Ingrid abandoned her travel plans in order to avoid reprisals against herself and her family. When she confirmed that she’d been “labeled,” she resigned herself to remaining in the country.

“These people (the government) are capable of anything. They don’t care that you’ve put in a lifetime working for the government – when they see that you want to go, they label you a traitor, and at the same time try and retain you,” she lamented.

Following the April 2018 protests, the public employees have denounced ever-increasing persecution and surveillance. They complain that they’re being held hostage in their own country and in their workplaces; that they’re forced to “donate” a part of their salary to the Sandinista Party and to participate in Party activities, even on weekends and holidays.

In January 2023, Confidencial published an investigative report in which public employees denounced that the majority were forbidden to leave Nicaragua, while others were granted “selective” permission.”

In cases of high-level functionaries in State institutions like the Supreme Court, the travel restrictions sometimes extend to family members as well. In all the cases, the employees are offered no explanation, only told they can’t travel.

They say that if we leave, it’s treason”

Humanitarian parole is a program the US has established that allows migrants from Nicaragua, Cuba, Venezuela, and Haiti to travel, live and work in the country legally for two years. The program for Nicaraguans entered into effect in January 2023.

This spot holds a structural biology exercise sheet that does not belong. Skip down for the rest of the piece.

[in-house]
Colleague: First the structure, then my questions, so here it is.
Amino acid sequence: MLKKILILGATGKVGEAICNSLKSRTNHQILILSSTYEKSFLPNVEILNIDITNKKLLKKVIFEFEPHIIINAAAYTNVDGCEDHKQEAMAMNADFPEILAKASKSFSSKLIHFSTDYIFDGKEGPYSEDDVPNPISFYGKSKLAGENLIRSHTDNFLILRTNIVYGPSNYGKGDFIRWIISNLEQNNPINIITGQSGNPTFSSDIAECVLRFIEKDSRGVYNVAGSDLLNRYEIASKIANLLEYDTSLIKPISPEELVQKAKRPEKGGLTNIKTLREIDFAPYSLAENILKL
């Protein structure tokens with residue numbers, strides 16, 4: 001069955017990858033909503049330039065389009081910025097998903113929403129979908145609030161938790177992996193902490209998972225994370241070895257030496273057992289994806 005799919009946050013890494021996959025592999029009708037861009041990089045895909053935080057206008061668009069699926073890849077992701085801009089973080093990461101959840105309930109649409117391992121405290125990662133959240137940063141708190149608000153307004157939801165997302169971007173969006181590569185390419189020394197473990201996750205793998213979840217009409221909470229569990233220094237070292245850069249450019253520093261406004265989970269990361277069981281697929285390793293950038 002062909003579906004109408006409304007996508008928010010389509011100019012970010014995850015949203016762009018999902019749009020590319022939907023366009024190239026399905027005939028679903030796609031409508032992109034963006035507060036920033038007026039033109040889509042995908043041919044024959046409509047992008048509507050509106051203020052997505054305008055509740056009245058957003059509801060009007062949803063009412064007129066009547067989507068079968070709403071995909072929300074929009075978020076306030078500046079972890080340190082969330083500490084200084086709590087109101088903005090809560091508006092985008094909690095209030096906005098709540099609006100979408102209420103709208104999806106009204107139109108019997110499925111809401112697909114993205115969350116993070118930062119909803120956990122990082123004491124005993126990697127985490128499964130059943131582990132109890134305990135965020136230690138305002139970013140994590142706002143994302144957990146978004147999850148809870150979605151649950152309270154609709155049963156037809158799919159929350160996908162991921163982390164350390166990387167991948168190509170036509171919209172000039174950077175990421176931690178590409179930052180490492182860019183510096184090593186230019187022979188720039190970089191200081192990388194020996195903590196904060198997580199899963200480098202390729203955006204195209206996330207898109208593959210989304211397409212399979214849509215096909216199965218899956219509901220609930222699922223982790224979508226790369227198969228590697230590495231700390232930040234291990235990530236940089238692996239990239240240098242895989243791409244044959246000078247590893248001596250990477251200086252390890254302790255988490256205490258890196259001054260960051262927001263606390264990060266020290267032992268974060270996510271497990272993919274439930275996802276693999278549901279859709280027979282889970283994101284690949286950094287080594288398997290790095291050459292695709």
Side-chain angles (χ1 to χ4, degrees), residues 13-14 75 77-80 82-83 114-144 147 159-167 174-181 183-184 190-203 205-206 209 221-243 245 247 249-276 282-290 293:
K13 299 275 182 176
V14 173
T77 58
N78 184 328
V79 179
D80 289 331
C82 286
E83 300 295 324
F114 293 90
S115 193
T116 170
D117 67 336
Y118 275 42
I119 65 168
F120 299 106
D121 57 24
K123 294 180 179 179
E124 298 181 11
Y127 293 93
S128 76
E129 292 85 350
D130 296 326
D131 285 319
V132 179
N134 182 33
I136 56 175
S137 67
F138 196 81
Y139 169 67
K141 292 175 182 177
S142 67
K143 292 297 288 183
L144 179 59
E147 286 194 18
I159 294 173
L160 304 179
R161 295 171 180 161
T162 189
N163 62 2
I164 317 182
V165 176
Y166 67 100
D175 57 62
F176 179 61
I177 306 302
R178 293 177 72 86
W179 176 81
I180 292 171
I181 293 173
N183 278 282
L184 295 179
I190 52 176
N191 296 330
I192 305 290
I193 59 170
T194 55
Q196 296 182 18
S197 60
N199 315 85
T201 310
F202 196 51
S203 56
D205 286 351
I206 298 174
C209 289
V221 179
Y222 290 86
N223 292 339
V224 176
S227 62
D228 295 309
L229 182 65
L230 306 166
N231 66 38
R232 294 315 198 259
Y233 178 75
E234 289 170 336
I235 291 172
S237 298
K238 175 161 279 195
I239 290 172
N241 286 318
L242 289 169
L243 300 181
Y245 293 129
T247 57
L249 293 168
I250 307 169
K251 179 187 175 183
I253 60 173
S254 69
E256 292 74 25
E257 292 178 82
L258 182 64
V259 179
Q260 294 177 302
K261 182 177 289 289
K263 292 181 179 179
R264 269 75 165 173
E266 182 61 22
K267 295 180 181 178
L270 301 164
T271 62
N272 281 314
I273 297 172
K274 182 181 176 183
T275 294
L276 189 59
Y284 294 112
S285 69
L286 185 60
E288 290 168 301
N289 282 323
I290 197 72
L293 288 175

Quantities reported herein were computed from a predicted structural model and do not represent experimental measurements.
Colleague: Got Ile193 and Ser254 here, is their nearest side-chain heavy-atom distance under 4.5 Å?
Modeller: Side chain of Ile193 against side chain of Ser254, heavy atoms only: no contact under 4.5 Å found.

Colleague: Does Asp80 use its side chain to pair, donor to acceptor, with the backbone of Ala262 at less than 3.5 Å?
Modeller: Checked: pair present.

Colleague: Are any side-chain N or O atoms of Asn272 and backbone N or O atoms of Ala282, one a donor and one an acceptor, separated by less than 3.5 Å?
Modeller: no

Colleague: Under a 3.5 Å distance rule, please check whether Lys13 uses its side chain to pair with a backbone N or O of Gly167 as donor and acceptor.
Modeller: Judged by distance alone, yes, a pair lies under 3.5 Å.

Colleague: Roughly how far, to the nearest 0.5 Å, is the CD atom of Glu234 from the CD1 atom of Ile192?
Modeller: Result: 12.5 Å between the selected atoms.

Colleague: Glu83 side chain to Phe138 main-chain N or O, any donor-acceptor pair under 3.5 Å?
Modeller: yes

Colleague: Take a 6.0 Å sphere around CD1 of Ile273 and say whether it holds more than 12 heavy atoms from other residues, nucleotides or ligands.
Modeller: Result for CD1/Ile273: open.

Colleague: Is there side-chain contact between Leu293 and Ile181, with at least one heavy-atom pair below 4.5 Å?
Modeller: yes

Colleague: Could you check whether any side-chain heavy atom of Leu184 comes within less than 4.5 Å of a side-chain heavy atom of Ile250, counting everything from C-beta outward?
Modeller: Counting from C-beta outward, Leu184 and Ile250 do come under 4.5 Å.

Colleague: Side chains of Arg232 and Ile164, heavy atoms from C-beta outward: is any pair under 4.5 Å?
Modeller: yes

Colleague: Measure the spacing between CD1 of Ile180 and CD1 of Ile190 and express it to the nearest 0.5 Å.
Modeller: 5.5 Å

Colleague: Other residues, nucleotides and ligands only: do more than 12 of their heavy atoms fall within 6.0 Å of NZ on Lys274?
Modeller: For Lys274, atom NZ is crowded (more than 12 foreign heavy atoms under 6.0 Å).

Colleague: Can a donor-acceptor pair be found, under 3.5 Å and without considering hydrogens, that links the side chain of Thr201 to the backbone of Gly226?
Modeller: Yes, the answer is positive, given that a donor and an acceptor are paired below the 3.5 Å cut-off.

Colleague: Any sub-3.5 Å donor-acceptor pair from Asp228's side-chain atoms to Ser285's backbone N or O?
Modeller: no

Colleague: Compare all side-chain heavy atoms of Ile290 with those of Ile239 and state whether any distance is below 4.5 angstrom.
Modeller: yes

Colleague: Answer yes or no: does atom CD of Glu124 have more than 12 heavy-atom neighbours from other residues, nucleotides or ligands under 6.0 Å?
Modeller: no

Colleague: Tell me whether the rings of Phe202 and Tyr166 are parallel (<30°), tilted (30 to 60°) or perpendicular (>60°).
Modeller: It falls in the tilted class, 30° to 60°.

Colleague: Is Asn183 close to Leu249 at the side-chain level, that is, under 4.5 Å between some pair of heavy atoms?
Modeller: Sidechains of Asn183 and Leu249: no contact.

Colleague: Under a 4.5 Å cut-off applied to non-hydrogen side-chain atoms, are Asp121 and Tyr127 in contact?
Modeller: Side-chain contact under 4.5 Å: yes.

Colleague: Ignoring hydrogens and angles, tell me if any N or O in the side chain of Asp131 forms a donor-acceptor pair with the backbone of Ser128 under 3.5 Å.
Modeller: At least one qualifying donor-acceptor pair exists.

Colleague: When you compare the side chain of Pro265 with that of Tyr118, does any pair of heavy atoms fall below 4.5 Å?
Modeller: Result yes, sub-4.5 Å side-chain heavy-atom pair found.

In the first year the program opened, over 47,000 Nicaraguans emigrated to the United States in that way.

Confidencial has confirmed that a number of former government employees and Sandinista militants or deserters have managed to enter the US as either undocumented immigrants or through humanitarian parole.

Martha also knows of cases of former public employees and workers who left Nicaragua without complications. Nonetheless, she affirms that in the institutions, they’re warned that “if they try to leave,” there’ll be “consequences.”

“They tell us that we shouldn’t be looking for anything outside, because there are opportunities here, there’s work. They say that if we leave, it’s part of a betrayal of the government, and it will have consequences for us,” she explained. Martha feels anguish at not being allowed to leave Nicaragua, and feels they denied her a passport out of “pure whim.” “I feel like my hands are tied… they (the government) think they own everything,” she lamented.

This article was published in Spanish in Confidencial and translated by Havana Times. To get the most relevant news from our English coverage delivered straight to your inbox, subscribe to The Dispatch.


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Redacción Confidencial

Redacción Confidencial

Confidencial es un diario digital nicaragüense, de formato multimedia, fundado por Carlos F. Chamorro en junio de 1996. Inició como un semanario impreso y hoy es un medio de referencia regional con información, análisis, entrevistas, perfiles, reportajes e investigaciones sobre Nicaragua, informando desde el exilio por la persecución política de la dictadura de Daniel Ortega y Rosario Murillo.